JPMorgan CEO Jamie Dimon has entered the income inequality fray that has been a hot topic of late, saying the U.S. economy has been split into those benefiting from thriving corporations, and those who have been left behind.

Dimon said there is essentially two different Americas: One that is benefiting and another that is struggling just to pay bills.


“I don’t want to be a tone deaf CEO; while the company is doing fine, it is absolutely obvious that a big chunk of [people] have been left behind,” Dimon said. “Forty percent of Americans make less than $15 an hour. Forty percent of Americans can’t afford a $400 bill, whether it’s medical or fixing their car. Fifteen percent of Americans make minimum wages, 70,000 die from opioids” annually.

“If you travel around to most neighborhoods where companies live, they’re doing fine,” Dimon said. “So we’ve kind of bifurcated the economy.”

Dimon was speaking at an event at the bank’s New York headquarters to unveil a new $350 million program to boost job prospects for people in under-served communities. The J.P. Morgan chairman and CEO has frequently voiced concern about the declining labor force participation rate and the shortfalls of the educational system in preparing people for emerging roles.

Making progress against these issues involves companies working with local organizations to provide skills outside of the university context, he said.

Dimon called the education system “broken” and said his bank stopped giving philanthropic dollars to colleges years ago.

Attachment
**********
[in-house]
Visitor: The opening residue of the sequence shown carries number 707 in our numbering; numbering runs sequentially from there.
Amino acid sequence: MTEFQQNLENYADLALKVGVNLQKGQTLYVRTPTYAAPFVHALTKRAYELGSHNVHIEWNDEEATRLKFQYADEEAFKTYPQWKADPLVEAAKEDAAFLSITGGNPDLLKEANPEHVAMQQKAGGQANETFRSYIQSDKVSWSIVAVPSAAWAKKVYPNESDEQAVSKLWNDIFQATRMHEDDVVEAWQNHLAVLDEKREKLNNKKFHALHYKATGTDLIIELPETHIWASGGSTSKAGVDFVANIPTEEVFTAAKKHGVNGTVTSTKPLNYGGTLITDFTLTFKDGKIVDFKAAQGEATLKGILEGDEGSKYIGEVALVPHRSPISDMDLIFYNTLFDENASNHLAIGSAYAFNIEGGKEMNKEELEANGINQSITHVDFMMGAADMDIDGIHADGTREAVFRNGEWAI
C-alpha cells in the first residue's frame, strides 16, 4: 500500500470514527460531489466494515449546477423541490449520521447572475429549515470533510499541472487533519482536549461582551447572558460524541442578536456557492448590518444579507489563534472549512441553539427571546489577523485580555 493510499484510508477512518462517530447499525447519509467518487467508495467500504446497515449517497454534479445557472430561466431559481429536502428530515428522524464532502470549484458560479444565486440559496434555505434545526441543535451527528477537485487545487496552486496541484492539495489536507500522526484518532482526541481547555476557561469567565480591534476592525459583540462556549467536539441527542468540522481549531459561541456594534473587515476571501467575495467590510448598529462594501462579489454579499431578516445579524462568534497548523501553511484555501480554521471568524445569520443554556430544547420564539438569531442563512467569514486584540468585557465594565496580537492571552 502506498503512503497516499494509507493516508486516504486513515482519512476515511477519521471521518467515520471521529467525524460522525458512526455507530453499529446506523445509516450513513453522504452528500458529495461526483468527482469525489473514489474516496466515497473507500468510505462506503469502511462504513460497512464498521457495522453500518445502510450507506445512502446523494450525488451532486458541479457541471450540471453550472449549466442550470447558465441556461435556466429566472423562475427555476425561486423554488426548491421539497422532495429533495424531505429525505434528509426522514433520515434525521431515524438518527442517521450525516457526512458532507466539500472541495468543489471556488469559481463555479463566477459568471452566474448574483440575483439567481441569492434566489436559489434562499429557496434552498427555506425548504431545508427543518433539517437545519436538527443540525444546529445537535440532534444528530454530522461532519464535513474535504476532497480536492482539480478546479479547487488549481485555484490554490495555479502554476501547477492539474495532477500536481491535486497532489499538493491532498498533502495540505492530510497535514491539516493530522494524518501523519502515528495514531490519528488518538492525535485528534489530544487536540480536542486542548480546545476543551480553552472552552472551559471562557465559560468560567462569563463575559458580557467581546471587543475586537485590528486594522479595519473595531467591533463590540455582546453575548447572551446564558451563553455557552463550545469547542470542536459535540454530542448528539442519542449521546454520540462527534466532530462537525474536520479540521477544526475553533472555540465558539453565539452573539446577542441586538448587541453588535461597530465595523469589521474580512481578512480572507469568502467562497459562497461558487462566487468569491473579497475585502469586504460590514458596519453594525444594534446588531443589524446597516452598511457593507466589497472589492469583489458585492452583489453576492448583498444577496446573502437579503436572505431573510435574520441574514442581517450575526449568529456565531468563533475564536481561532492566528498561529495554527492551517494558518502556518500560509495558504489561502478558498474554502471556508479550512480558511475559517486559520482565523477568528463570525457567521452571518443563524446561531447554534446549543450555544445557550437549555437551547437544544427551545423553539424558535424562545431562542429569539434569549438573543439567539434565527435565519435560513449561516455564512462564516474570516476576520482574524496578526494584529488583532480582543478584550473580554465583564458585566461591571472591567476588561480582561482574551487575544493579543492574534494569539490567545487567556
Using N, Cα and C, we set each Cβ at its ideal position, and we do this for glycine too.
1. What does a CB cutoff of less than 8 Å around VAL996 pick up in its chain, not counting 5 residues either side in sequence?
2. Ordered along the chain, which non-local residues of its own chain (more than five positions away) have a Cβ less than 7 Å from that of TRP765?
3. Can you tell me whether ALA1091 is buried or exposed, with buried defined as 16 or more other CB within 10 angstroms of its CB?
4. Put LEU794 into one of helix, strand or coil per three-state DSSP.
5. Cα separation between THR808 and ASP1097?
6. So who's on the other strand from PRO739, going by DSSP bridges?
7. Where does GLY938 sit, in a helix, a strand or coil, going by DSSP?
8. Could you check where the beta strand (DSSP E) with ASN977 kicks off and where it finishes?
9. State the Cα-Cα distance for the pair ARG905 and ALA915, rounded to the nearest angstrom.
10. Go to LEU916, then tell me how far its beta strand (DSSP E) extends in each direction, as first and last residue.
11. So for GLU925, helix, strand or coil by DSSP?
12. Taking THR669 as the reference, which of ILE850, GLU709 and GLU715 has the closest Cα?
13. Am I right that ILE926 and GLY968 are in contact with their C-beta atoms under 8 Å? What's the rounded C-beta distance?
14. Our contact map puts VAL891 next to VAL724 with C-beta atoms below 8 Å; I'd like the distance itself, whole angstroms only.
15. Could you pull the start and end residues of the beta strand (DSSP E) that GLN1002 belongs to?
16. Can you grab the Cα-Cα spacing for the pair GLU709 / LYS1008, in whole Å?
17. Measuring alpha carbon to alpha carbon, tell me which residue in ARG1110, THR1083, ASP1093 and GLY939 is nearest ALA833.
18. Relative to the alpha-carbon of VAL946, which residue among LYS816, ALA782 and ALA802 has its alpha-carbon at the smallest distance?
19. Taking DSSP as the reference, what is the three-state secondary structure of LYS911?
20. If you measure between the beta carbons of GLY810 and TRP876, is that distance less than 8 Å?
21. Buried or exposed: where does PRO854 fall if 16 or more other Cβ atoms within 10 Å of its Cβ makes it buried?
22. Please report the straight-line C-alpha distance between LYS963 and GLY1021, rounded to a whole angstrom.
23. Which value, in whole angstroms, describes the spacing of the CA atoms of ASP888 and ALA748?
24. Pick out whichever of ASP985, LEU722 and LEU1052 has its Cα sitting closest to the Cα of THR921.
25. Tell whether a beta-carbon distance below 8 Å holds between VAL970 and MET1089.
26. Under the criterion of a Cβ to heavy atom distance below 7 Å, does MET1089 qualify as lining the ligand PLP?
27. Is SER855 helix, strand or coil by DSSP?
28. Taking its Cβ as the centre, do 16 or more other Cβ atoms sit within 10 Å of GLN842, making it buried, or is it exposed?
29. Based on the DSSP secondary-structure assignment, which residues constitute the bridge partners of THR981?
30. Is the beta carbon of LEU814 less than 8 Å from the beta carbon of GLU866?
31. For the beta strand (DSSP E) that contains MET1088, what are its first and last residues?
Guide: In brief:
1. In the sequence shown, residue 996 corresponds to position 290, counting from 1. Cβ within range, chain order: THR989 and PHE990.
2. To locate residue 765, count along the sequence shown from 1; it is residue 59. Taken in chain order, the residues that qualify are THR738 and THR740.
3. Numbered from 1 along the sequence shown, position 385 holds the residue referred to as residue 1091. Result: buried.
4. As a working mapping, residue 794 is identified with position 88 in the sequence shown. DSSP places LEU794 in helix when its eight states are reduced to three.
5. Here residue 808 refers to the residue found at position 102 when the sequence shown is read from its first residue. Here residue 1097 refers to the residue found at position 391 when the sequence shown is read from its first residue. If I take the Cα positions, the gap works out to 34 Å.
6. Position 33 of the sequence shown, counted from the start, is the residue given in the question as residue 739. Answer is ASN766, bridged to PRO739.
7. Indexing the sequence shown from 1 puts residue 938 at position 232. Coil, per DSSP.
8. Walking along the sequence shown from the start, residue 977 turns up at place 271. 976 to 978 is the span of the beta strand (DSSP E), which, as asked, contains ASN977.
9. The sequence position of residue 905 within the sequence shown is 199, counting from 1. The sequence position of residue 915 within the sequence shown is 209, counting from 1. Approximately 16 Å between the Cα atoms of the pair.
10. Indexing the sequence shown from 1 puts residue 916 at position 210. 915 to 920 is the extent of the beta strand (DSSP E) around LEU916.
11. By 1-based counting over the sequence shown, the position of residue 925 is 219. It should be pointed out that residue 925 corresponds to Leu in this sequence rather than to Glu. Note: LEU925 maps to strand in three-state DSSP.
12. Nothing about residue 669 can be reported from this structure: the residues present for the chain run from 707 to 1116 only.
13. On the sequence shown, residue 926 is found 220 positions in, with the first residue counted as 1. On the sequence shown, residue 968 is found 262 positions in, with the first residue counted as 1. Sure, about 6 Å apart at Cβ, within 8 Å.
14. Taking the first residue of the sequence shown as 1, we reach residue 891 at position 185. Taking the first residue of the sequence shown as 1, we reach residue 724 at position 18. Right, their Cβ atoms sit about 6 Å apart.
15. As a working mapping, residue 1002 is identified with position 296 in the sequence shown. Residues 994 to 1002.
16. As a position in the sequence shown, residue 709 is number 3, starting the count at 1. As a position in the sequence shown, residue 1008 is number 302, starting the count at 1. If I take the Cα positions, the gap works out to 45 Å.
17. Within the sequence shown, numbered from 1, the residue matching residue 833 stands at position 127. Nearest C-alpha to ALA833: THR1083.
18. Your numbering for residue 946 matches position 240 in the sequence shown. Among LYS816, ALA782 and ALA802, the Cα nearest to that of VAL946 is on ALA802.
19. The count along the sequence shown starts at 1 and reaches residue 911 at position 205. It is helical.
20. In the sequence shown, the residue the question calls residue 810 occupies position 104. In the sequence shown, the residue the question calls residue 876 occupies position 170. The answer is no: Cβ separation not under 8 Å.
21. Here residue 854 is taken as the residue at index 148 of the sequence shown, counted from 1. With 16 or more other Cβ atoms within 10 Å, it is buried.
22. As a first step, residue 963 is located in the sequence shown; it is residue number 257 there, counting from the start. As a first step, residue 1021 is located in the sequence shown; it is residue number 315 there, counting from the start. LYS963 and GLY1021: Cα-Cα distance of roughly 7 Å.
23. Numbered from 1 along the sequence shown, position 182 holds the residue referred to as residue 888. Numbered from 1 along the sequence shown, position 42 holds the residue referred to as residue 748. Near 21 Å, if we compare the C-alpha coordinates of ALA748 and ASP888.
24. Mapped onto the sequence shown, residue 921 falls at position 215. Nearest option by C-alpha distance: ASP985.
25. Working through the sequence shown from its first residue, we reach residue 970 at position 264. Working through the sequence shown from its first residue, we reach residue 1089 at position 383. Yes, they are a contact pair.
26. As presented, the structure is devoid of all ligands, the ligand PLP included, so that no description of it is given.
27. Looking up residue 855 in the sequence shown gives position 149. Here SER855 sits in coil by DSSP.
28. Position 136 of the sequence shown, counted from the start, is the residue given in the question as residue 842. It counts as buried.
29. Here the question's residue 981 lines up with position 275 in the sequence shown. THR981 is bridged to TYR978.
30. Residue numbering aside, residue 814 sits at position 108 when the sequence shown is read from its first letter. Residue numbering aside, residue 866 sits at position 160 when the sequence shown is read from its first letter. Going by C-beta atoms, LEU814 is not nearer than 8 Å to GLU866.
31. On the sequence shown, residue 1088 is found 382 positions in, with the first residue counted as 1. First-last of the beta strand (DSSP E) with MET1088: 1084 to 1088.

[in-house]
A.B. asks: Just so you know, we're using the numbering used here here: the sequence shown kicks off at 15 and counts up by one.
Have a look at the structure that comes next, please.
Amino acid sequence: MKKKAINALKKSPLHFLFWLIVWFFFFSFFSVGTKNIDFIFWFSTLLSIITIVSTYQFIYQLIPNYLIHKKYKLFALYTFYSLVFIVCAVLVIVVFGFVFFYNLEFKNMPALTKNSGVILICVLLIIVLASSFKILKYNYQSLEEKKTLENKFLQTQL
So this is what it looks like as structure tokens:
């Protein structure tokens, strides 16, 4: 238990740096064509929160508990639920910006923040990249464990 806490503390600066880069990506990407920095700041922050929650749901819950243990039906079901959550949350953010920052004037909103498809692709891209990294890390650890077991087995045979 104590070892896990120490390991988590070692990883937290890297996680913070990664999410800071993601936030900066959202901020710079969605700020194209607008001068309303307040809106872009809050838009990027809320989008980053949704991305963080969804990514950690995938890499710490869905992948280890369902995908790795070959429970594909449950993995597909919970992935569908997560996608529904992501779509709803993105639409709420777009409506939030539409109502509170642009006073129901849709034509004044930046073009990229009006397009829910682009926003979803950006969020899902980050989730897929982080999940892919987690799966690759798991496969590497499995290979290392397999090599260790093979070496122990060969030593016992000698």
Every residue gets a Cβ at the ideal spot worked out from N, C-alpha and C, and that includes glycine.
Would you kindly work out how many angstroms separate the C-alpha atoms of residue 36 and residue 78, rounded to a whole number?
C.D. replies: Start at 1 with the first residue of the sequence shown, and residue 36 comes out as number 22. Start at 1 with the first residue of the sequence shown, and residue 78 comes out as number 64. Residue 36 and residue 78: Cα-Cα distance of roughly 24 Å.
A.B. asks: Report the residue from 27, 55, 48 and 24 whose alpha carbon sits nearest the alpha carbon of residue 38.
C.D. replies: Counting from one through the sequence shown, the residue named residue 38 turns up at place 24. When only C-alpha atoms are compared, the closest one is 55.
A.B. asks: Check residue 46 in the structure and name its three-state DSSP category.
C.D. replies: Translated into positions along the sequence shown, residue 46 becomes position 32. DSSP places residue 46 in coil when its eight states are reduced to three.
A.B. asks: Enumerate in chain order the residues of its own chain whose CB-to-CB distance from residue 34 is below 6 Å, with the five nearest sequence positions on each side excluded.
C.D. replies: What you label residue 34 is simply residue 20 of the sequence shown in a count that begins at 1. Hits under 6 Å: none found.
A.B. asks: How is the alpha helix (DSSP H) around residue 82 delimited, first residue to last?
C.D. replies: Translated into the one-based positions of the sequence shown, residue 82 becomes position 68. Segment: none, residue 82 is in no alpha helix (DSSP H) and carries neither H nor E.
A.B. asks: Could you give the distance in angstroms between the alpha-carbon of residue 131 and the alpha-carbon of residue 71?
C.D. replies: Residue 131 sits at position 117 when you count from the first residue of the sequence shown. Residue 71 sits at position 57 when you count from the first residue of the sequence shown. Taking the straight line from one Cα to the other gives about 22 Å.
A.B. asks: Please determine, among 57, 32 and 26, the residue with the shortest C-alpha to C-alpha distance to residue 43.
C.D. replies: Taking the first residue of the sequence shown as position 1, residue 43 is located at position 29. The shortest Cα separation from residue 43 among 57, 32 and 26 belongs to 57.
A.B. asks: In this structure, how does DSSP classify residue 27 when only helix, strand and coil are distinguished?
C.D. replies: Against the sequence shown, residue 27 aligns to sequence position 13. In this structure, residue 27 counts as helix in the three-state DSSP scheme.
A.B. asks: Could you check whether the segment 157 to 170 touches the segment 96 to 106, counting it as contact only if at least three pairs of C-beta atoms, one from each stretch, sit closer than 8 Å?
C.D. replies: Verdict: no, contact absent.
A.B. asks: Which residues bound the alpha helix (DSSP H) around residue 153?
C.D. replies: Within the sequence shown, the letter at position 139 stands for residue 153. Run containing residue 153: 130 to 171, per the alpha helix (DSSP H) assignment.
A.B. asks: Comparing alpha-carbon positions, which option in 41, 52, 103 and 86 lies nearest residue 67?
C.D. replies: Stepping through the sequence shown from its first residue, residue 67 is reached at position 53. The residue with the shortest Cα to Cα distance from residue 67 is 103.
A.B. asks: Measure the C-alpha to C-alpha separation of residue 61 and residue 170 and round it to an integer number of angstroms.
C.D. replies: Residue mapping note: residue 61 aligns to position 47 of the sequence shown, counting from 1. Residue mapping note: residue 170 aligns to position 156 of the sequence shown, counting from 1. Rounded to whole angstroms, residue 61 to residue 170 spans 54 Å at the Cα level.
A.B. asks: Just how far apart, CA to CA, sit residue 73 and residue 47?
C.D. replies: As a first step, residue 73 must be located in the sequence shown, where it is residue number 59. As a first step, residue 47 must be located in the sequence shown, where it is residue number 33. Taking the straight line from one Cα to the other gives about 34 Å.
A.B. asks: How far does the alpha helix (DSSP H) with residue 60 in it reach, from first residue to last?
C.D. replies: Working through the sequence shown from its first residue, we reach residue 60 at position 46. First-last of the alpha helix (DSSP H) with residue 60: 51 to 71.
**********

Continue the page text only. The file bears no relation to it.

“Harvard and Princeton are not a philanthropy,” Dimon said. “Helping these kids is.”

Wealth inequality has been a hot topic among Democratic presidential hopefuls. Sens. Elizabeth Warren, D-Mass., Bernie Sanders, I-Vt., and others on the left have floated “wealth tax plans” to force the rich to pay more than they already do, drawing this epic response from economist Peter Schiff:

“Bernie Sanders has upped the bid. He wants the government to confiscate 77% of the value of estates in excess of 1 billion dollars,” Schiff wrote on Facebook. “That means large private businesses will not survive a generational transfer. They will die with their owners, along with the jobs they provide. If you think it’s OK for the government to steal 77% of wealth over $1 billion because it doesn’t affect you think again. Not only will the $1 billion number quickly move lower, but the inflation created to finance the socialist agenda will subject far more estates to that rate!”